Six high school science teachers will return to school with summer tales of their own after spending a week inside UT’s molecular biology labs. The Knox County teachers learned recent developments in science and new experimental protocols from Jae Park, associate professor in the Department of Biochemistry and Cellular and Molecular Biology, in a summer workshop sponsored by his department.
In the workshop the teachers cloned and performed bioinformatic analysis of the insulin gene from the fruit fly. VolsTeach faculty and staff were also on hand to introduce the materials.
“The workshop was so informative and lots of fun,” one of them wrote. “Thanks so much for taking time from your summer to prepare labs and share your knowledge with us.”
The teachers left with both new experience as well as course materials, which they said would help them greatly in making new concepts more tangible for their students.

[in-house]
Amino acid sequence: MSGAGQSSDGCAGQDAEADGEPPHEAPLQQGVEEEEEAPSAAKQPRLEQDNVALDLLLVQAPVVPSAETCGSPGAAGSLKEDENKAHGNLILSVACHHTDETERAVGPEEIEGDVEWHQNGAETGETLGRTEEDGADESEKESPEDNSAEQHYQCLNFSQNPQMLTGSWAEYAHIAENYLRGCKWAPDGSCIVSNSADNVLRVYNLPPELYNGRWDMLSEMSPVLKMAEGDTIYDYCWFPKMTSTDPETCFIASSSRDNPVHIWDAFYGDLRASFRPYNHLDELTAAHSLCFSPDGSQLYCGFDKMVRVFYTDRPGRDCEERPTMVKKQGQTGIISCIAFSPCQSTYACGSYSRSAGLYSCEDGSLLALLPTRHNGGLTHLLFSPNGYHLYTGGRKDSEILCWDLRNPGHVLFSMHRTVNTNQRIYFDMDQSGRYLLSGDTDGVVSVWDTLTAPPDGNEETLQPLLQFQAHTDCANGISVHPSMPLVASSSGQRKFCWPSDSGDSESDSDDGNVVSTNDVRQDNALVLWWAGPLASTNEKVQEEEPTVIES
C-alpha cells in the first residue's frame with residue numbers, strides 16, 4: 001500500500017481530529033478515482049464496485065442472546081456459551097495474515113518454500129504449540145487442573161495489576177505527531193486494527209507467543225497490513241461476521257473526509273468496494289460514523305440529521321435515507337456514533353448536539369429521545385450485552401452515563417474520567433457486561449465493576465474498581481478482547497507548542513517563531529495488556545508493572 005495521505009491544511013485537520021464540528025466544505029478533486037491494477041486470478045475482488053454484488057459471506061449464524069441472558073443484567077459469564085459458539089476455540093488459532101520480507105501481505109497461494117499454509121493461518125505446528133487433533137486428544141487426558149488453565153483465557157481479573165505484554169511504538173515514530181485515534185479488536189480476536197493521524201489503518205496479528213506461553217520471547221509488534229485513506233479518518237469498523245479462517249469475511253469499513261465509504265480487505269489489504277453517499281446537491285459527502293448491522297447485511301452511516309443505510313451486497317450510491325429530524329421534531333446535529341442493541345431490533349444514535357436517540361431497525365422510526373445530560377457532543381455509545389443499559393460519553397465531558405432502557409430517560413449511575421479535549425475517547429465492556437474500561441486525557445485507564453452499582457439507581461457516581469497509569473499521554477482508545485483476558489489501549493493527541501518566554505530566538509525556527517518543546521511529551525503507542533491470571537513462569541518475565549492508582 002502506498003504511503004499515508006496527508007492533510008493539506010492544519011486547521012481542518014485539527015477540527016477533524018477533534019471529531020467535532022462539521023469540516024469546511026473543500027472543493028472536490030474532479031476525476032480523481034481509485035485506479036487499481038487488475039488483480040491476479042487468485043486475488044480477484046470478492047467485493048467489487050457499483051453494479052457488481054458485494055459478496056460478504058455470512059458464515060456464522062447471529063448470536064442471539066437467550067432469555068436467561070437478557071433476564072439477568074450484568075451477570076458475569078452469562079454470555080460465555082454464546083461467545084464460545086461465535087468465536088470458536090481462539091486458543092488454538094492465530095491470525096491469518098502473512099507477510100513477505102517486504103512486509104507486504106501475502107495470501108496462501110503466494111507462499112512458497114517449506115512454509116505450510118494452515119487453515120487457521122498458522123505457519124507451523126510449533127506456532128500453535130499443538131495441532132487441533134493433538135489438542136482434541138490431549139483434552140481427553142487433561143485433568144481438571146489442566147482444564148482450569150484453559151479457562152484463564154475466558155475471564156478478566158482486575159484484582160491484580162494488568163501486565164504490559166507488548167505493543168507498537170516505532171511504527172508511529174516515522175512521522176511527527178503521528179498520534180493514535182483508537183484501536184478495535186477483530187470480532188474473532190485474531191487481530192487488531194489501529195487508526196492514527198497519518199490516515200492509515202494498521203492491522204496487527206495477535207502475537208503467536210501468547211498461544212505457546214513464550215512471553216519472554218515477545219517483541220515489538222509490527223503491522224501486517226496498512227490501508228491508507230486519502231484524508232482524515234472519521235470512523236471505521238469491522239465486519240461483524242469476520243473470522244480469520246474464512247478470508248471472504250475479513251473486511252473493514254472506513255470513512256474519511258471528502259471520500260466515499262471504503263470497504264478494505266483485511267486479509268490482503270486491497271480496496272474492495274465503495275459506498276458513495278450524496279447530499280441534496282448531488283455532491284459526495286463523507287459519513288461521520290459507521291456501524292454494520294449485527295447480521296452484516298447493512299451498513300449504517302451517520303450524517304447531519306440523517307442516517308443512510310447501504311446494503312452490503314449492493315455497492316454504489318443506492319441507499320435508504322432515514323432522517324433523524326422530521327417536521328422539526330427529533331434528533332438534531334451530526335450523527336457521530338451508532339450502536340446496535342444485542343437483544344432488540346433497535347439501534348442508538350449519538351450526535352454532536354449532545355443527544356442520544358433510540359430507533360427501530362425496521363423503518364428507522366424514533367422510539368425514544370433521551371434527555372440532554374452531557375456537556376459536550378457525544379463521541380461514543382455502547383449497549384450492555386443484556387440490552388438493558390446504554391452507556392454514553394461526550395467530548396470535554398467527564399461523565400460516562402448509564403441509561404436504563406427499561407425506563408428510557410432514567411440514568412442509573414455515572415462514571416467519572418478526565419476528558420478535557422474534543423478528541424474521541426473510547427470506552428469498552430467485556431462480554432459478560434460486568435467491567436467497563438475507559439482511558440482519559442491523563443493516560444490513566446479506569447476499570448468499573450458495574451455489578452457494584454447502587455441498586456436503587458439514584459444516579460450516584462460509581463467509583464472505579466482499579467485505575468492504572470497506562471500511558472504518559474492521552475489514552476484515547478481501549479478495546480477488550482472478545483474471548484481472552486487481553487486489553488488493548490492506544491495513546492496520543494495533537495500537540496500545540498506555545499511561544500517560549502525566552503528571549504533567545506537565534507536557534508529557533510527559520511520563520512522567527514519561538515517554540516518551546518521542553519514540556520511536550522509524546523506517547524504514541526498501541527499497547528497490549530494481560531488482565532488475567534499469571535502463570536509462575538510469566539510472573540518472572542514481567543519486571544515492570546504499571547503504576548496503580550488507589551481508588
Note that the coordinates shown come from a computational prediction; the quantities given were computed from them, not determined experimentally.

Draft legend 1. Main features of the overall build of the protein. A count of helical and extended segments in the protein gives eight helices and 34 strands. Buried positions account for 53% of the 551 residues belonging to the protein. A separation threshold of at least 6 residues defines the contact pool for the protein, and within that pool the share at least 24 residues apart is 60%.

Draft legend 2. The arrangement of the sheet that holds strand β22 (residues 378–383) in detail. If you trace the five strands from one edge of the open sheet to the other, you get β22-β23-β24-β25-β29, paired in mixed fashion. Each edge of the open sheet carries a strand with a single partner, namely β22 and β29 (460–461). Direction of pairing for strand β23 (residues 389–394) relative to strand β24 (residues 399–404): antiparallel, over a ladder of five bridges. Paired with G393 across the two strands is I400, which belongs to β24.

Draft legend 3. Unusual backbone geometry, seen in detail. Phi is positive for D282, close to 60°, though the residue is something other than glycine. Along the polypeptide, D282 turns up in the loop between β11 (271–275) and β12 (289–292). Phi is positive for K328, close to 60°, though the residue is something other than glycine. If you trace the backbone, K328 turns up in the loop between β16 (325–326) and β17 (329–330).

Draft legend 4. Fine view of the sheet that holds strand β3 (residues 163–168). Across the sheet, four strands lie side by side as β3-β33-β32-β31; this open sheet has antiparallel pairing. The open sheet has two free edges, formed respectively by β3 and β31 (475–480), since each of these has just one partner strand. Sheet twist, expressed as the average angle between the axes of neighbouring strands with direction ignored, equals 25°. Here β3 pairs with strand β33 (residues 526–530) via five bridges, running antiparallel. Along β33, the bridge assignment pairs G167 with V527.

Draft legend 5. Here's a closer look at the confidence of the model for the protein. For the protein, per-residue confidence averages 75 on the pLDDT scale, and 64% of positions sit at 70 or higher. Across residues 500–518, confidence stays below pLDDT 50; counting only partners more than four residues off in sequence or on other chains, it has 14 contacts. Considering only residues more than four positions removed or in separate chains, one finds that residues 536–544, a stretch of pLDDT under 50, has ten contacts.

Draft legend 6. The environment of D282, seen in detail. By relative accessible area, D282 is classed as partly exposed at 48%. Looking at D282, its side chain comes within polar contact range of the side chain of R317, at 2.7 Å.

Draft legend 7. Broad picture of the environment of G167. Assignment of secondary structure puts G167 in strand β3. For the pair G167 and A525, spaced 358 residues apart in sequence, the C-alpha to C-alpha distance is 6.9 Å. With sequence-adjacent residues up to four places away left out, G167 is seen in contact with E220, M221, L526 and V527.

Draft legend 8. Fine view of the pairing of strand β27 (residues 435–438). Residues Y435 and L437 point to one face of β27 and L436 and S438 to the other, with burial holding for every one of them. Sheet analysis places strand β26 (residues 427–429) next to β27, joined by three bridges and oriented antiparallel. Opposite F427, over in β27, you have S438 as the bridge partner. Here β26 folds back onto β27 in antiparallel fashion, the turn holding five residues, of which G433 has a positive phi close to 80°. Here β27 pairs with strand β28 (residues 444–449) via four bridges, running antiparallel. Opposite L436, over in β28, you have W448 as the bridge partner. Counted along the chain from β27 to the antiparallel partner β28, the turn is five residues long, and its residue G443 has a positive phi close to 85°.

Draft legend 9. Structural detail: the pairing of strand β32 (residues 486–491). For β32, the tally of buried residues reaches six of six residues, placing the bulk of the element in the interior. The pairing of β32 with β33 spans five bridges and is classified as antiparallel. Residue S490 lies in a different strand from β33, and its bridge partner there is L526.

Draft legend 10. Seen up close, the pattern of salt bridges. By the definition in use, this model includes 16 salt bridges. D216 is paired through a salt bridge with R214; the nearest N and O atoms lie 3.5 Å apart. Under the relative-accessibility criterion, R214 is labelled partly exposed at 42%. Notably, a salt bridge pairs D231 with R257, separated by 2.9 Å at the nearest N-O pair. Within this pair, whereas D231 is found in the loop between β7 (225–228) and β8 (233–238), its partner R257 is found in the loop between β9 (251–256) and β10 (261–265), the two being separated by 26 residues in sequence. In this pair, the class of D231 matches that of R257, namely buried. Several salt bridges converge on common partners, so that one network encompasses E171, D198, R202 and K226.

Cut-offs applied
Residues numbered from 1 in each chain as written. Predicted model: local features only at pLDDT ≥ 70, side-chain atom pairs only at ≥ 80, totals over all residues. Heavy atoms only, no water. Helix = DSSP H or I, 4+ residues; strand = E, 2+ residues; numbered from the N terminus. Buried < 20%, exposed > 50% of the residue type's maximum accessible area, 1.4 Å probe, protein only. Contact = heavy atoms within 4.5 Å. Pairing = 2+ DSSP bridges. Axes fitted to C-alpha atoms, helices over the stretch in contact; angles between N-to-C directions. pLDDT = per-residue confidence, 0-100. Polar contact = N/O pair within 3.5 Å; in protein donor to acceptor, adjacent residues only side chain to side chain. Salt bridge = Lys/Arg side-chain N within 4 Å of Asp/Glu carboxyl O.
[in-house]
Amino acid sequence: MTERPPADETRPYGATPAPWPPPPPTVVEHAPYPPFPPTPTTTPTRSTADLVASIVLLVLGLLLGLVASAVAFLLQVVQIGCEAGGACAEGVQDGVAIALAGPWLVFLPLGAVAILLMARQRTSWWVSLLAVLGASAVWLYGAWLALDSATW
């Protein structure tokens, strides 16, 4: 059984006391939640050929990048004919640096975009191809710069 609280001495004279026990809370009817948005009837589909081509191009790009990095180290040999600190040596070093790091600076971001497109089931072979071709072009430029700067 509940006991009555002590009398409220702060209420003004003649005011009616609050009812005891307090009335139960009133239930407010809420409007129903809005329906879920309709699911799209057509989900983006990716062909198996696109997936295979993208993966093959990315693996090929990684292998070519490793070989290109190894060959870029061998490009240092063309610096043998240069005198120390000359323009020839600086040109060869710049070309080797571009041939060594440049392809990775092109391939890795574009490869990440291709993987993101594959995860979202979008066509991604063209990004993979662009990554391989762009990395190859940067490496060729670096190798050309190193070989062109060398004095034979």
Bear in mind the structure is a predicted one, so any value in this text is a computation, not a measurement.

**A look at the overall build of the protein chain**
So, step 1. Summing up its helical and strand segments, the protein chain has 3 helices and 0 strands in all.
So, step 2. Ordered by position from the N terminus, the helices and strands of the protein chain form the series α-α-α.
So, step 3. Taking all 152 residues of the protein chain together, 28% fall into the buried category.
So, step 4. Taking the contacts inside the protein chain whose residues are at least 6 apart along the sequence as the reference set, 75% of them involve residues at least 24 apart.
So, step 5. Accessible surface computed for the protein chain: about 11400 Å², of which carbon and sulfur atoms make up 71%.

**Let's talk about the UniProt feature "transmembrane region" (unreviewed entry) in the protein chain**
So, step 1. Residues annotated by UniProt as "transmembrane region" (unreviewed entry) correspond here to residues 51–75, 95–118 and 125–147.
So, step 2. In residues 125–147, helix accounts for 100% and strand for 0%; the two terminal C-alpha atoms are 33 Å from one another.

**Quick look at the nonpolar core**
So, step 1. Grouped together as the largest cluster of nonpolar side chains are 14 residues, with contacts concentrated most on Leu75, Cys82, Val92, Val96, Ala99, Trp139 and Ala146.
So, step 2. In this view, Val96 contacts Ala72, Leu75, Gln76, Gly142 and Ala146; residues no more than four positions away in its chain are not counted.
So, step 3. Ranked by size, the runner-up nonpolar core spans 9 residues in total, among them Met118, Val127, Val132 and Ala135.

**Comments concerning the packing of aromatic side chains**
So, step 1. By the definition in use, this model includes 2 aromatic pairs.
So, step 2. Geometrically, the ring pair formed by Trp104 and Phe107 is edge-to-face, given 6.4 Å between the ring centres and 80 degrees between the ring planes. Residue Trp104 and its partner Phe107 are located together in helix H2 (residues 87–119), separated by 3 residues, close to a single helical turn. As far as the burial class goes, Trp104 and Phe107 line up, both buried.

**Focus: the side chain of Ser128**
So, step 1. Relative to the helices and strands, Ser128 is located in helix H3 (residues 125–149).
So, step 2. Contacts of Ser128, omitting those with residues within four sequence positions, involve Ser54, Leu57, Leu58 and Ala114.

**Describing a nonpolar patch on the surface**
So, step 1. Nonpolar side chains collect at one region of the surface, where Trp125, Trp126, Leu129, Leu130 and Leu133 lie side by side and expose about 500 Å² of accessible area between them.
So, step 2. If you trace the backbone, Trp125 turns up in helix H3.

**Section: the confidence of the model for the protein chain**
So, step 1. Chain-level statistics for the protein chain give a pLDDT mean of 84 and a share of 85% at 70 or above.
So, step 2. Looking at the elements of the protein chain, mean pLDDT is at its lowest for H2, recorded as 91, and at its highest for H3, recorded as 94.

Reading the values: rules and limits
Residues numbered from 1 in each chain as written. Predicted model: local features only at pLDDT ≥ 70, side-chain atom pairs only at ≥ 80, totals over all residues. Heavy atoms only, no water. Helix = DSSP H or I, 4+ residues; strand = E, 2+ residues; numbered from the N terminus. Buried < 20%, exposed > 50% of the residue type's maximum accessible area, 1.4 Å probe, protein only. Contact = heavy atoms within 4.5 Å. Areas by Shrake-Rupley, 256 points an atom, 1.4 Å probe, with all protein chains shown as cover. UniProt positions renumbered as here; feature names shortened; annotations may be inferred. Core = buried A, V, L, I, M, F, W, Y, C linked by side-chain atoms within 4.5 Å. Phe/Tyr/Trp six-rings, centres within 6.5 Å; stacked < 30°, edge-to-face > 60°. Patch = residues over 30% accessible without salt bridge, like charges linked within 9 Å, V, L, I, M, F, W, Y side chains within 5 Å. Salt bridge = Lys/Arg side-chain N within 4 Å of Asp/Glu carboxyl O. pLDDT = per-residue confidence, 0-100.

“I believe this type of outreach activity makes the distance between the research labs and the community much shorter,” said Park, who hopes to repeat the workshop. “In addition, these teachers will have a great impact for all of our futures, as they’re the ones fostering our future scientists, engineers, teachers, and best citizens in their high schools.”
The workshop was made possible by Cynthia Peterson, head of the Department of Biochemistry and Cellular and Molecular Biology; Lynn Champion, director of communication and public engagement for UT’s College of Arts and Sciences; and Theresa Nixon, science supervisor for Knox County Schools.